Security concept with businessman and hacker hands on laptop keyboard

In 2012, 12.6 million American adults fell victim to identity theft. Daily news headlines include data breaches at organizations such as LinkedIn, Twitter, Facebook, and more; even former President Bush has been impacted! What’s worse, a recent study has revealed that one in four people involved in a data breach where personal information is exposed will end up becoming an identity theft victim; this is the highest correlation between data breaches and identity theft since 2010.*
Some common information to be compromised in data breaches includes credit card numbers, Personal information such as online banking login, user name and password and Social Security numbers. Consumers who had their Social Security number compromised in a data breach were 5 times more likely to be a fraud victim than an average consumer.
Unfortunately, it is not uncommon for consumers to be notified that their information may have been breached. Forty-six states have legislation in place that requires companies to notify customers when their personal information at risk of a data breach and data breaches impact millions of Americans each year.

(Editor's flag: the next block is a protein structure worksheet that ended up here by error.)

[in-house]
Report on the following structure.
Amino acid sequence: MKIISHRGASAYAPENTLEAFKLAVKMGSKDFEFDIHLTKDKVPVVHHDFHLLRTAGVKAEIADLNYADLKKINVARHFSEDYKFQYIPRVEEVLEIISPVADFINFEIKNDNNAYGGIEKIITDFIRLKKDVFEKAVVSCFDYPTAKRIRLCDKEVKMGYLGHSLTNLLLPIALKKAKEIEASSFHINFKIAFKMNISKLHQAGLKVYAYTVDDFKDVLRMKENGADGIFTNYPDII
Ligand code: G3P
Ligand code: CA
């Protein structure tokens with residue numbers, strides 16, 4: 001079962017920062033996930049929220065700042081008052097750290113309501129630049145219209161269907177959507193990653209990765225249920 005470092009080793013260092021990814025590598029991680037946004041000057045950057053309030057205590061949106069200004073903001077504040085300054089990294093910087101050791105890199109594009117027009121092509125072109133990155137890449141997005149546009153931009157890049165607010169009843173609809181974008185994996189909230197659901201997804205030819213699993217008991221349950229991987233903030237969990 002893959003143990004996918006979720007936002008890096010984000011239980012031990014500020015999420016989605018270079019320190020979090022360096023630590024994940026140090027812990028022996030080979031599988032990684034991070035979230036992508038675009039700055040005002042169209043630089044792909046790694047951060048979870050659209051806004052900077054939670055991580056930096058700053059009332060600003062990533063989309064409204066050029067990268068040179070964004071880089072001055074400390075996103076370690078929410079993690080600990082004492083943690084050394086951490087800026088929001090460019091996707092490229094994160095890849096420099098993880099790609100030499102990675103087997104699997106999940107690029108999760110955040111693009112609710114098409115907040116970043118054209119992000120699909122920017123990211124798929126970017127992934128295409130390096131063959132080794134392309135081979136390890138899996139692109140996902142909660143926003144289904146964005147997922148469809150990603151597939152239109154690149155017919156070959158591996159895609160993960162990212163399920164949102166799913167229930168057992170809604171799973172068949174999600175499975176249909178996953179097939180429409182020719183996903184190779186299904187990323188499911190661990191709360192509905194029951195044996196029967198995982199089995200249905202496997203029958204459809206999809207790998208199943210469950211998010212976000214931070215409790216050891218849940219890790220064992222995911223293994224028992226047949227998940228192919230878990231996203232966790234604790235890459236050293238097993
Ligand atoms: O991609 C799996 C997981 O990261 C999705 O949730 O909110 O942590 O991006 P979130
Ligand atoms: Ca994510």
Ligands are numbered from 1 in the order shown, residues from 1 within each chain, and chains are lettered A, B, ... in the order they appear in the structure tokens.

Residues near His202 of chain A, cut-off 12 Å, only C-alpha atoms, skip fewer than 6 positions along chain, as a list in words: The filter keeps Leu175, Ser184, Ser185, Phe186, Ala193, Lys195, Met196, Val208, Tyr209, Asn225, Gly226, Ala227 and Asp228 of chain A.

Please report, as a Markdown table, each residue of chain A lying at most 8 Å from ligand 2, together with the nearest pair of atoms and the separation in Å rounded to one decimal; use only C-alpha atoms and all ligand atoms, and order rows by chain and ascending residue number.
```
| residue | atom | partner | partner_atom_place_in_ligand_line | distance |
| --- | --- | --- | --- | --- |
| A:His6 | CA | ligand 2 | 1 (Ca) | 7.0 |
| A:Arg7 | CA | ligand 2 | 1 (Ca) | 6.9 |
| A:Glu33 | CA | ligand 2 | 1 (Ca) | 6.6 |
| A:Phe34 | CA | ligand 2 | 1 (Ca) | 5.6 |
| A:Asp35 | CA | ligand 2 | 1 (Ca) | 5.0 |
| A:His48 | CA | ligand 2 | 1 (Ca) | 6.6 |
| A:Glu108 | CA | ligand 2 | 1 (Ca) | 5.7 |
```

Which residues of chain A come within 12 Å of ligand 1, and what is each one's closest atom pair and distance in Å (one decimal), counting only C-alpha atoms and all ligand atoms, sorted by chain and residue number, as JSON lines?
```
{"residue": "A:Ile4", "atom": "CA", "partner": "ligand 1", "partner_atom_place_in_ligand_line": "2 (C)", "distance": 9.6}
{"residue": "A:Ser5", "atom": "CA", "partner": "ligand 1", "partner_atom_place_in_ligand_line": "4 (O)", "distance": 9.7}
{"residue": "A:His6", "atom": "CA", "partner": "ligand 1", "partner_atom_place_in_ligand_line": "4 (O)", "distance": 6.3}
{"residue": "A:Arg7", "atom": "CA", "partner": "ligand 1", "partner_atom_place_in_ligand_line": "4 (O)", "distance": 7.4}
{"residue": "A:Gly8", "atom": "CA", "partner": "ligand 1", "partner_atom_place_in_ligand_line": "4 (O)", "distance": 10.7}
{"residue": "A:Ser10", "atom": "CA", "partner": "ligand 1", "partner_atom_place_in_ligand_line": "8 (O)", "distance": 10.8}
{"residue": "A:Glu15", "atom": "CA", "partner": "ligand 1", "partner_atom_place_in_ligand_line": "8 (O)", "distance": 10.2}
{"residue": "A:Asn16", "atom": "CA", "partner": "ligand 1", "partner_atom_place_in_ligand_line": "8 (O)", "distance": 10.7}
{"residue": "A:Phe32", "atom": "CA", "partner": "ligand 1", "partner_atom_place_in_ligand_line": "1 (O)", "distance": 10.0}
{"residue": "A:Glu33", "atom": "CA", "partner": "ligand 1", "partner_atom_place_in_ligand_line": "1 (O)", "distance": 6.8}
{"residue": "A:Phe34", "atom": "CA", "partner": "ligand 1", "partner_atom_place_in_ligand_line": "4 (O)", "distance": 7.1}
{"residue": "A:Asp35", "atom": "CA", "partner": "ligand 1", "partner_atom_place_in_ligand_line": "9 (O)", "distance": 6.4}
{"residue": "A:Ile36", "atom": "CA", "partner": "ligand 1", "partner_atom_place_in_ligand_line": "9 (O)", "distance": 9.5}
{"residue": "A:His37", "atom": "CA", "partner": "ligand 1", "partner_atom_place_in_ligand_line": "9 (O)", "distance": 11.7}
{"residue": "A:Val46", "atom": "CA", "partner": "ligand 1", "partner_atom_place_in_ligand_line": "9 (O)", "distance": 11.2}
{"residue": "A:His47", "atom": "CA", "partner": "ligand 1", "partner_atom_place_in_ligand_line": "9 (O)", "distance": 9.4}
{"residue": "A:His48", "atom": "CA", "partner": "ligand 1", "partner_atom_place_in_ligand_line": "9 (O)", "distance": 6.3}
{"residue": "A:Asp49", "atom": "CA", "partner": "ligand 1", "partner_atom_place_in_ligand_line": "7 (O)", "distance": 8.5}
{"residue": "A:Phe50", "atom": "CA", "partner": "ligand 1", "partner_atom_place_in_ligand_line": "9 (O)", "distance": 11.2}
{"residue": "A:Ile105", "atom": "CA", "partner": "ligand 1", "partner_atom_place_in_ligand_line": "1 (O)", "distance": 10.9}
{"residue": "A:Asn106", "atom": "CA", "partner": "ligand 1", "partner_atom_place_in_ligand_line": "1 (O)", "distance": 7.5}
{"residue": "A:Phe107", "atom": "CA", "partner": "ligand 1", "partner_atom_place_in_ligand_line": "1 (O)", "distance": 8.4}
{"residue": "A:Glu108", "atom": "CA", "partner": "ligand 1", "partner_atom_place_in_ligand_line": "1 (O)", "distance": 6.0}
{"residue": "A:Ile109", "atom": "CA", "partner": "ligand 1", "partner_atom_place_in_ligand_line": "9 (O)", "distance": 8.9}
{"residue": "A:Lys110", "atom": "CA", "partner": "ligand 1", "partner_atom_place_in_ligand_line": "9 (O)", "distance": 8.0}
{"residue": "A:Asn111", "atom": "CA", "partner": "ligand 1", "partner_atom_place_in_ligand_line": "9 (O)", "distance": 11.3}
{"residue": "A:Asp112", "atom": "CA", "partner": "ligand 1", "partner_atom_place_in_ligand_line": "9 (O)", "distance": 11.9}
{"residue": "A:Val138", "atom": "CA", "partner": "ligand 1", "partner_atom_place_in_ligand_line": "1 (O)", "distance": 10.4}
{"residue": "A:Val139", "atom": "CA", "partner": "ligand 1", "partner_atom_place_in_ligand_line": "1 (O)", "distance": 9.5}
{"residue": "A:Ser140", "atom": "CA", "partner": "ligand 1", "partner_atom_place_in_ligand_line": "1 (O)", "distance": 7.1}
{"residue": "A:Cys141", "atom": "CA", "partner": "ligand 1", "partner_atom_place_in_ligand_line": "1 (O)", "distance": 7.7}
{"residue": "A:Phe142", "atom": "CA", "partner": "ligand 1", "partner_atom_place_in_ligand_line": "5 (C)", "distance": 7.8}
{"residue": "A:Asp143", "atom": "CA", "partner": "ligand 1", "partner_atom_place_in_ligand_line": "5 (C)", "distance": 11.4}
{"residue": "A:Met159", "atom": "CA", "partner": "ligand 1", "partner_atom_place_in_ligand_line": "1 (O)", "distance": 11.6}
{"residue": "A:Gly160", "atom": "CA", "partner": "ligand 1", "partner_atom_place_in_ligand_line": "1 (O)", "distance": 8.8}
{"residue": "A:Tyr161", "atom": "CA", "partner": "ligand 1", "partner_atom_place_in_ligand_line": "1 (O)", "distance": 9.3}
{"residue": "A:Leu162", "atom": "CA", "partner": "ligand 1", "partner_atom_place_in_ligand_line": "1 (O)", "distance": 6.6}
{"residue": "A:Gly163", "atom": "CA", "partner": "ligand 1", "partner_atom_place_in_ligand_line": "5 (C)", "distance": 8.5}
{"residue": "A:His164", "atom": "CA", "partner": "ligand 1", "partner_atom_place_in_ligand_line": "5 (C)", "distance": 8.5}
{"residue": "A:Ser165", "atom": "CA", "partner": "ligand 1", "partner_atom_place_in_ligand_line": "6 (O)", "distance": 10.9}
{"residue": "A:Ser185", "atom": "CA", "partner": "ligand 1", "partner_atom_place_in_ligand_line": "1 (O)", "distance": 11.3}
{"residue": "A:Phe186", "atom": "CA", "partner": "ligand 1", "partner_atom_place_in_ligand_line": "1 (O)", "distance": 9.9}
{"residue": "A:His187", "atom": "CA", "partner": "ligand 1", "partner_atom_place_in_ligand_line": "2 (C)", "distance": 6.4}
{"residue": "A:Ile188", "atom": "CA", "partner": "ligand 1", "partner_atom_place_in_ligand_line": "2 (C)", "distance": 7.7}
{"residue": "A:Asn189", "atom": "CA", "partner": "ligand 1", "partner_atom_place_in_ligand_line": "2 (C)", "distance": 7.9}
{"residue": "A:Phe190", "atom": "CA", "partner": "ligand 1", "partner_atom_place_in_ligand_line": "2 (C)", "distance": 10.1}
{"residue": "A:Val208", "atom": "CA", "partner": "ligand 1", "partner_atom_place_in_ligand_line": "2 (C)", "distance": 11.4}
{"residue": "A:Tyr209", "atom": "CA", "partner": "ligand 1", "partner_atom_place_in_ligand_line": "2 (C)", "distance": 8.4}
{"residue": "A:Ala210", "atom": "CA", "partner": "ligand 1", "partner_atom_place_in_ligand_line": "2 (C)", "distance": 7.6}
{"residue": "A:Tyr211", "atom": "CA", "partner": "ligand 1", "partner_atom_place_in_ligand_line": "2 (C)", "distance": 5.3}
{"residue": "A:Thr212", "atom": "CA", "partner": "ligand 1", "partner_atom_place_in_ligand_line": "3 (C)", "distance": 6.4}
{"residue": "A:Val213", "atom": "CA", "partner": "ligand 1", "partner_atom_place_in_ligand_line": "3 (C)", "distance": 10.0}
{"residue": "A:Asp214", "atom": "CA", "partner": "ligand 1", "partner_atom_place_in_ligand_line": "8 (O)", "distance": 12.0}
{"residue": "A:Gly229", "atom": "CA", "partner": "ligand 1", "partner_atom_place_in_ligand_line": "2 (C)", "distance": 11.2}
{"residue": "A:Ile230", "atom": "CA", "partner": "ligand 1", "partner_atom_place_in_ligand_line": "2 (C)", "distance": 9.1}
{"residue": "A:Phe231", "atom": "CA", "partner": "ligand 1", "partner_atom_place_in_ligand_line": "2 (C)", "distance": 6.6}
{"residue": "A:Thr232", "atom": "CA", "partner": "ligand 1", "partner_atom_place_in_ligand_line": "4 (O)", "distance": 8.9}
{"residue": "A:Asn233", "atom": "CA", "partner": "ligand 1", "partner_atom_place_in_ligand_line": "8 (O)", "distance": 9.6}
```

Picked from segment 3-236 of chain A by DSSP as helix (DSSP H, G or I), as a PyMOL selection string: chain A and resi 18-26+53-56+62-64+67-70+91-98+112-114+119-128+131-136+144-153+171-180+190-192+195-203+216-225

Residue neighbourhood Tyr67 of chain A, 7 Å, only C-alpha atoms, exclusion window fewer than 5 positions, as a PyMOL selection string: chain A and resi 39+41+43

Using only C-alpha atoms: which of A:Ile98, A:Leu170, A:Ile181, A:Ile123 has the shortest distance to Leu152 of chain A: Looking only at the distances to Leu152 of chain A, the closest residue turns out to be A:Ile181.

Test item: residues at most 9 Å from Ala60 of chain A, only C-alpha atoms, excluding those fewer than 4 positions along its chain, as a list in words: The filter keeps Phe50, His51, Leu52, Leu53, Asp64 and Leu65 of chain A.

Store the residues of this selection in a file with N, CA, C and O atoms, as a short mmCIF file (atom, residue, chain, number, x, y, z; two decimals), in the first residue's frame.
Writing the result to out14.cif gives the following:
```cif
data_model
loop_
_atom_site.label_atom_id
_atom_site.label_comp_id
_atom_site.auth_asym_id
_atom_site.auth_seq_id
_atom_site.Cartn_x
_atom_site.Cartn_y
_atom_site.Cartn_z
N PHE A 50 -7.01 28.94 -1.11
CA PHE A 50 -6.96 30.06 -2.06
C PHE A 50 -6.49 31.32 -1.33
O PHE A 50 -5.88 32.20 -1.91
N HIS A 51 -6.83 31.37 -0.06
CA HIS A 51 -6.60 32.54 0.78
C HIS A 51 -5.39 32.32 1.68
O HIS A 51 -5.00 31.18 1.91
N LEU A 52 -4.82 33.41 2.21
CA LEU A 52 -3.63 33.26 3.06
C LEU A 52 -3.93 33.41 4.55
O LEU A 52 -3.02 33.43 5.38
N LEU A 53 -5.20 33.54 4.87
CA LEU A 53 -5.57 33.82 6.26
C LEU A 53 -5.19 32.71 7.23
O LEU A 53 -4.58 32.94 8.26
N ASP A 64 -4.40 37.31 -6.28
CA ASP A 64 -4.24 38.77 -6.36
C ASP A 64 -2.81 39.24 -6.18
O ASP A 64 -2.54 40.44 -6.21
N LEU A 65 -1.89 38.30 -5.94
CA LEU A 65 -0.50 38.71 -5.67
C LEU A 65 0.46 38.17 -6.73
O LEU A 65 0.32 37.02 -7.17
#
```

Keep in mind that these notification letters just mean your information could have been exposed so it is important to be vigilant about protecting your personal information. Take these precautionary measures if you have been notified that your information may have been compromised from a data breach.
1. If your Social Security number has been exposed you should place a fraud alert with one of the three major credit agencies, Equifax, TransUnion or Experian.
2. If a debit of credit card has been exposed make sure to have that card cancelled and a new one reissued.
3. Check your credit report every three months through to make sure there are no changes.
4. Investigate any strange accounts or mail that you receive that could indicate a new account being opened with your information.
5. Subscribe to an identity monitoring solution like InfoArmor – more than 50% of identity theft victims last year were notified by monitoring services or programs.

InfoArmor provides proactive and complete prevention plus best-in-class restoration through its identity monitoring employee benefit program. InfoArmor can detect tax fraud, identify suspicious wire transfers and fraudulent bank account openings, and so much more, in addition to the providing the protection that less sophisticated credit services offer. If you have any questions, call InfoArmor at (800) 789-2720.


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